The C9ORF72 expansion mutation is a common cause of ALS+/-FTD in Europe and has a single founder

Bradley N. Smith, Stephen Newhouse, Aleksey Shatunov, Caroline Vance, Simon Topp, Lauren Johnson, Jack Miller, Younbok Lee, Claire Troakes, Kirsten M. Scott, Ashley Jones, Ian Gray, Jamie Wright, Tibor Hortobágyi, Safa Al-Sarraj, Boris Rogelj, John Powell, Michelle Lupton, Simon Lovestone, Peter C. SappMarkus Weber, Peter J. Nestor, Helenius J. Schelhaas, Anneloor ALM ten Asbroek, Vincenzo Silani, Cinzia Gellera, Franco Taroni, Nicola Ticozzi, Leonard Van den Berg, Jan Veldink, Phillip Van Damme, Wim Robberecht, Pamela J. Shaw, Janine Kirby, Hardev Pall, Karen E. Morrison, Alex Morris, Jacqueline de Belleroche, J.M.B. Vianney de Jong, Frank Baas, Peter M. Andersen, John Landers, Robert H. Brown, Michael E. Weale, Ammar Al-Chalabi, Christopher E. Shaw

Research output: Contribution to journalArticle

144 Citations (Scopus)

Abstract

A massive hexanucleotide repeat expansion mutation (HREM) in C9ORF72 has recently been linked to amyotrophic lateral sclerosis (ALS) and frontotemporal dementia (FTD). Here we describe the frequency, origin and stability of this mutation in ALS+/−FTD from five European cohorts (total n=1347). Single-nucleotide polymorphisms defining the risk haplotype in linked kindreds were genotyped in cases (n=434) and controls (n=856). Haplotypes were analysed using PLINK and aged using DMLE+. In a London clinic cohort, the HREM was the most common mutation in familial ALS+/−FTD: C9ORF72 29/112 (26%), SOD1 27/112 (24%), TARDBP 1/112 (1%) and FUS 4/112 (4%) and detected in 13/216 (6%) of unselected sporadic ALS cases but was rare in controls (3/856, 0.3%). HREM prevalence was high for familial ALS+/−FTD throughout Europe: Belgium 19/22 (86%), Sweden 30/41 (73%), the Netherlands 10/27 (37%) and Italy 4/20 (20%). The HREM did not affect the age at onset or survival of ALS patients. Haplotype analysis identified a common founder in all 137 HREM carriers that arose around 6300 years ago. The haplotype from which the HREM arose is intrinsically unstable with an increased number of repeats (average 8, compared with 2 for controls, P<10−8). We conclude that the HREM has a single founder and is the most common mutation in familial and sporadic ALS in Europe.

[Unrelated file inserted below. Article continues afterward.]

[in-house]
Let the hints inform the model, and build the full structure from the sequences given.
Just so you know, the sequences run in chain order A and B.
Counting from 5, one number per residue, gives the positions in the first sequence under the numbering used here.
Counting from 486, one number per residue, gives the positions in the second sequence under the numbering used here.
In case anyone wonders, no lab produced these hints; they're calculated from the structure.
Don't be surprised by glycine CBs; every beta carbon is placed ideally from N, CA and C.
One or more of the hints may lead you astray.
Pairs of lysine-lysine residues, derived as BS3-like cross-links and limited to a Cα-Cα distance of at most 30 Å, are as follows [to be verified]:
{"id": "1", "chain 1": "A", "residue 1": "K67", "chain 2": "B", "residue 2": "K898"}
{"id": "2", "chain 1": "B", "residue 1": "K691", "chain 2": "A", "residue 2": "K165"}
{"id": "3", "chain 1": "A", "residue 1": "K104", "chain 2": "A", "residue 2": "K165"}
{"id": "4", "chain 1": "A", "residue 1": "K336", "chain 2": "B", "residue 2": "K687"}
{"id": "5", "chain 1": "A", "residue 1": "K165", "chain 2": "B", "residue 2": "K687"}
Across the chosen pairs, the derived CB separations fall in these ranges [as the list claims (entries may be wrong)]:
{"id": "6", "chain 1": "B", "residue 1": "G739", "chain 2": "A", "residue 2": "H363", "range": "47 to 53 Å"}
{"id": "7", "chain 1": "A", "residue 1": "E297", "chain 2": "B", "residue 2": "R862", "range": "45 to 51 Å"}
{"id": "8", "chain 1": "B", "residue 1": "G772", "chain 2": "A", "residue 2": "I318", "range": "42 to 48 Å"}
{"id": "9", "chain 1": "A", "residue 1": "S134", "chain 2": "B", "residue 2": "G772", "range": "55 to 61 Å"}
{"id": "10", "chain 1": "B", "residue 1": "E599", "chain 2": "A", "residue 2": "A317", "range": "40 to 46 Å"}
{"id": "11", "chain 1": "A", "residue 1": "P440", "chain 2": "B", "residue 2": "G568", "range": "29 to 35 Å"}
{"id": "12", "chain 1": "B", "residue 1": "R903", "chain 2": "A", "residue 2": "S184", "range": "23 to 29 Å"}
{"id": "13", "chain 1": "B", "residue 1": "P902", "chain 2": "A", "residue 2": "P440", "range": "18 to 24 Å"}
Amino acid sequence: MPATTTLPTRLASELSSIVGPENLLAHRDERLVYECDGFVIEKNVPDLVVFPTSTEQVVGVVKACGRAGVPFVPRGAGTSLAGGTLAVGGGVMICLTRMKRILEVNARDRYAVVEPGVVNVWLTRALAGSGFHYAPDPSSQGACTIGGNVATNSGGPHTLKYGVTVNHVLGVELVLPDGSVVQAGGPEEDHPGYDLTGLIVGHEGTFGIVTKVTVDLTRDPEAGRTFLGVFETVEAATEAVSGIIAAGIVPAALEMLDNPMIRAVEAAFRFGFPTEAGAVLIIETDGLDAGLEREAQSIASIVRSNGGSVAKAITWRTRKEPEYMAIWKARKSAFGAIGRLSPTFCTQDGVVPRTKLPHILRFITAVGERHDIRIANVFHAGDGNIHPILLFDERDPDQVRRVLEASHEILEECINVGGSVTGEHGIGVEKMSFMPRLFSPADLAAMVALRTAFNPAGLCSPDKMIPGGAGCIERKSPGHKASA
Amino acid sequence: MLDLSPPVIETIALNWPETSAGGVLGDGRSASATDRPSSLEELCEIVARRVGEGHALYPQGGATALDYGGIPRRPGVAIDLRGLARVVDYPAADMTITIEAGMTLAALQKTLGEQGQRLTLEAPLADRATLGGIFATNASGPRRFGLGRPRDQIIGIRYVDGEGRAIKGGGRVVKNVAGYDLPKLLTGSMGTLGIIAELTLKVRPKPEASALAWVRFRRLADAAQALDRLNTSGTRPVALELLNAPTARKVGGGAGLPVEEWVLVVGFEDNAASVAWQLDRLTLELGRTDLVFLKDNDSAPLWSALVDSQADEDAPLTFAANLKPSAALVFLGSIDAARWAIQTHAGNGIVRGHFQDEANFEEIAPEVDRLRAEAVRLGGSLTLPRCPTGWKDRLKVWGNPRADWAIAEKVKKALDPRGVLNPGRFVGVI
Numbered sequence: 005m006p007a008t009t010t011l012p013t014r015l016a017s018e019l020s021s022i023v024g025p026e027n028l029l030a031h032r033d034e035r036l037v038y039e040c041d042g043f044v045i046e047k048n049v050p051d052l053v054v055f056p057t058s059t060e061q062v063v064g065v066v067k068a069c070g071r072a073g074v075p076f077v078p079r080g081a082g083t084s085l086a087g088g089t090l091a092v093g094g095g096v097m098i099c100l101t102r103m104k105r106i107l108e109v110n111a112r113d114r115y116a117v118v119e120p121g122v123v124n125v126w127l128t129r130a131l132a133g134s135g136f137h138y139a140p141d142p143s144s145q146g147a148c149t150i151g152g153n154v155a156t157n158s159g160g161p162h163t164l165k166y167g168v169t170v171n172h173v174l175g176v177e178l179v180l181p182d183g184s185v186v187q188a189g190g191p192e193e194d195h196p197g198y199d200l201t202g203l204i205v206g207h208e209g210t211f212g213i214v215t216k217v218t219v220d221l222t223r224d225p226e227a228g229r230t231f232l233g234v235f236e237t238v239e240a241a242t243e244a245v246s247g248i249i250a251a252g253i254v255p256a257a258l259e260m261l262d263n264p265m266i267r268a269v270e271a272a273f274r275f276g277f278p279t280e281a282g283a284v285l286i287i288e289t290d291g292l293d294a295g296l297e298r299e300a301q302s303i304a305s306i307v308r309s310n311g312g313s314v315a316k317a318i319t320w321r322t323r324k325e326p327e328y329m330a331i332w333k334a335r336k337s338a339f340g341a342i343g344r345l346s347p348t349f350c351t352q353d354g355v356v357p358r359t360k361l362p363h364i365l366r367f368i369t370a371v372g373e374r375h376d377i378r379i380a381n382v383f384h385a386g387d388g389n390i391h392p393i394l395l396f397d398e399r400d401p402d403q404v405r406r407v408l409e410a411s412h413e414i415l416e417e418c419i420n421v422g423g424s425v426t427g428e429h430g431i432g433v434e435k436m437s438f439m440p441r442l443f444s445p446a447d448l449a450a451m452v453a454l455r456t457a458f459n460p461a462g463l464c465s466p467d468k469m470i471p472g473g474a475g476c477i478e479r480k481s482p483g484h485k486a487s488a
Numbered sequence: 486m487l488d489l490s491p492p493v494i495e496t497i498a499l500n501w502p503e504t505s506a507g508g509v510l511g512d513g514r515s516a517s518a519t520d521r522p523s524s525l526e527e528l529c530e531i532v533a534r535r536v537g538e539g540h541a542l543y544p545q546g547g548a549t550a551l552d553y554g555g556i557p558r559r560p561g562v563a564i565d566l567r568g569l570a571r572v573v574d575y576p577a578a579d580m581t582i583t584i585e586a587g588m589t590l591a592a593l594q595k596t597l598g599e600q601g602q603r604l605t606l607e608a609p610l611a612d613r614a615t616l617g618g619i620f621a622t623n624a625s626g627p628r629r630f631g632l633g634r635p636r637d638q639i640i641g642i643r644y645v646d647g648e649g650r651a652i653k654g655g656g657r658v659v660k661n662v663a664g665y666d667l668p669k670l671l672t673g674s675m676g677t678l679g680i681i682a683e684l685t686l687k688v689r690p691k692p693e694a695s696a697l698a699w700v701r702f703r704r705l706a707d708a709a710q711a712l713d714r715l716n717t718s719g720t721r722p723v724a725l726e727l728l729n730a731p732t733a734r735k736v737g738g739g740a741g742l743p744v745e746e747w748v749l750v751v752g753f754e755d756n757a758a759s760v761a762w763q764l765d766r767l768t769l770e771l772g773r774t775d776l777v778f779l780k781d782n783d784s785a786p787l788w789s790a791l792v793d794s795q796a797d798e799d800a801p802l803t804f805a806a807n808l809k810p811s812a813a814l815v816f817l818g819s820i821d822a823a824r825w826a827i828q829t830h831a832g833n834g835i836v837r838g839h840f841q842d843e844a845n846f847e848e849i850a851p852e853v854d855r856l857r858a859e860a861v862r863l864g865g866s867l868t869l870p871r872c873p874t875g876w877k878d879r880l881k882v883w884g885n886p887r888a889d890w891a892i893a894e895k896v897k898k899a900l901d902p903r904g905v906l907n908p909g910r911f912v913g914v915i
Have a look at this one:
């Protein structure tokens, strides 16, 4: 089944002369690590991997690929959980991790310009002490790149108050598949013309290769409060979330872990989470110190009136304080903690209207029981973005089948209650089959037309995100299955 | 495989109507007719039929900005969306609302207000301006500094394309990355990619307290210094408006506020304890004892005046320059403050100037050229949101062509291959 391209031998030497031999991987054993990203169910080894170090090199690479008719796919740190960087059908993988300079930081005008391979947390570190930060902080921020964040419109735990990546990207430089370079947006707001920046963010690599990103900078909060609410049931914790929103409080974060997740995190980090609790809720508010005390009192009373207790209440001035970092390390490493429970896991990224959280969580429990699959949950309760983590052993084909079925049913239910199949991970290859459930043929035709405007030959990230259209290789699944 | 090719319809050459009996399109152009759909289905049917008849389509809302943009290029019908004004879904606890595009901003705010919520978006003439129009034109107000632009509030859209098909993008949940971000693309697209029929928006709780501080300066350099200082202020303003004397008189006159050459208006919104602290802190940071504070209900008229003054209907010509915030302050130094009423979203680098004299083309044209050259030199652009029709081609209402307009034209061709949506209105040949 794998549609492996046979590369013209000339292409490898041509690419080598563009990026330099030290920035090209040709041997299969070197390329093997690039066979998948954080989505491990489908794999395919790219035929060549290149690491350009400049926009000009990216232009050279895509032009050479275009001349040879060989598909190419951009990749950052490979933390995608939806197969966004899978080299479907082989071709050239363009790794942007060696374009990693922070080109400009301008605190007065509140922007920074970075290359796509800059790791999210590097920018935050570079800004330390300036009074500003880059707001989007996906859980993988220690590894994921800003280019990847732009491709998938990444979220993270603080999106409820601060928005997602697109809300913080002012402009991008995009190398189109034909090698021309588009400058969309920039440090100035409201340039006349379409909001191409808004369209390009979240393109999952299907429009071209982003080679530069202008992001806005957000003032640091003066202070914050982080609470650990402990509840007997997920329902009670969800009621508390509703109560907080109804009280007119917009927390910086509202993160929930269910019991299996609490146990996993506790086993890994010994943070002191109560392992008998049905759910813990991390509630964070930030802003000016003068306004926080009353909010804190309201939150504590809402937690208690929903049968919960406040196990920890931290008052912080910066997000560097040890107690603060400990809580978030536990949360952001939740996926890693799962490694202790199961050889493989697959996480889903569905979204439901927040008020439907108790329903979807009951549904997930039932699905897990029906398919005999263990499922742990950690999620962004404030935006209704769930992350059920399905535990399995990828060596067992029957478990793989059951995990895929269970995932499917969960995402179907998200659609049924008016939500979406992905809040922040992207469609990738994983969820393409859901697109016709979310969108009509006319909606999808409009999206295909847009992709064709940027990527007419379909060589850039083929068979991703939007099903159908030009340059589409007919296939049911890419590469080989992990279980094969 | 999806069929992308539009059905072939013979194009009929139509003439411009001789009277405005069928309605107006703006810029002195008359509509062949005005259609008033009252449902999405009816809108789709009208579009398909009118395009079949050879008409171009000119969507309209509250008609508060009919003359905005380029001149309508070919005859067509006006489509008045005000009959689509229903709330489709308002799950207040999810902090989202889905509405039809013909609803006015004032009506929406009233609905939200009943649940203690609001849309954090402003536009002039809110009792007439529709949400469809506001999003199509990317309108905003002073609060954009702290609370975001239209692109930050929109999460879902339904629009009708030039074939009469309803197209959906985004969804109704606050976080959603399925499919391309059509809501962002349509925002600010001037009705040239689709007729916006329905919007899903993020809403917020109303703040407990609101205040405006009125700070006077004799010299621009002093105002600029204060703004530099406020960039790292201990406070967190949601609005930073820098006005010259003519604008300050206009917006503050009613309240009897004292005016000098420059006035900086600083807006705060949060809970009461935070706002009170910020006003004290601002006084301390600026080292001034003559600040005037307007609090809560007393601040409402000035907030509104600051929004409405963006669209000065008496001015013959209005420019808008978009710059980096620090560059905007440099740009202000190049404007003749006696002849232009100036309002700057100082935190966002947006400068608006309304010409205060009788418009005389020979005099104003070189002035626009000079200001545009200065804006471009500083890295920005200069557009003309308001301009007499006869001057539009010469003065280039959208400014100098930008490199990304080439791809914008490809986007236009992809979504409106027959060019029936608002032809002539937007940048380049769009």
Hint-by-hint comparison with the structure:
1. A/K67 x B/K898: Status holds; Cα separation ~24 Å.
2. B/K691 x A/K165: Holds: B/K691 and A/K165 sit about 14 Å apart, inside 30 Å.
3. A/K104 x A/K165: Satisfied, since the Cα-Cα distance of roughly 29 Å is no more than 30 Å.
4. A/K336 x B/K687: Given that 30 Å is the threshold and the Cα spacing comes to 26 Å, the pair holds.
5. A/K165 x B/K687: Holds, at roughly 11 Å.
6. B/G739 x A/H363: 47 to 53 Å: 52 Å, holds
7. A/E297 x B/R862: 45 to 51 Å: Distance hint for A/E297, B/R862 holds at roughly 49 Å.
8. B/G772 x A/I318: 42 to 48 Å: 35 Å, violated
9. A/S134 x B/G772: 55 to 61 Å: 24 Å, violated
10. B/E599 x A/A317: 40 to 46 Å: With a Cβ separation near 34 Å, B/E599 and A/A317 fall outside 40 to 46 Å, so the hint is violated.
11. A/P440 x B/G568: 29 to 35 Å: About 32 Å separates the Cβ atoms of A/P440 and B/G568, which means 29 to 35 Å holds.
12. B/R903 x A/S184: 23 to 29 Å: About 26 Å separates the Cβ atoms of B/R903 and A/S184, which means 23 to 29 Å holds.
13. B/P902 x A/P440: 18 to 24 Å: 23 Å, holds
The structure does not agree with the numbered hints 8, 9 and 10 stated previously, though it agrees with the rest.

Original languageEnglish
Pages (from-to)102-108
JournalEuropean Journal of Human Genetics
Volume21
Issue number1
Early online date13 Jun 2012
DOIs
Publication statusPublished - 01 Jan 2013
Externally publishedYes

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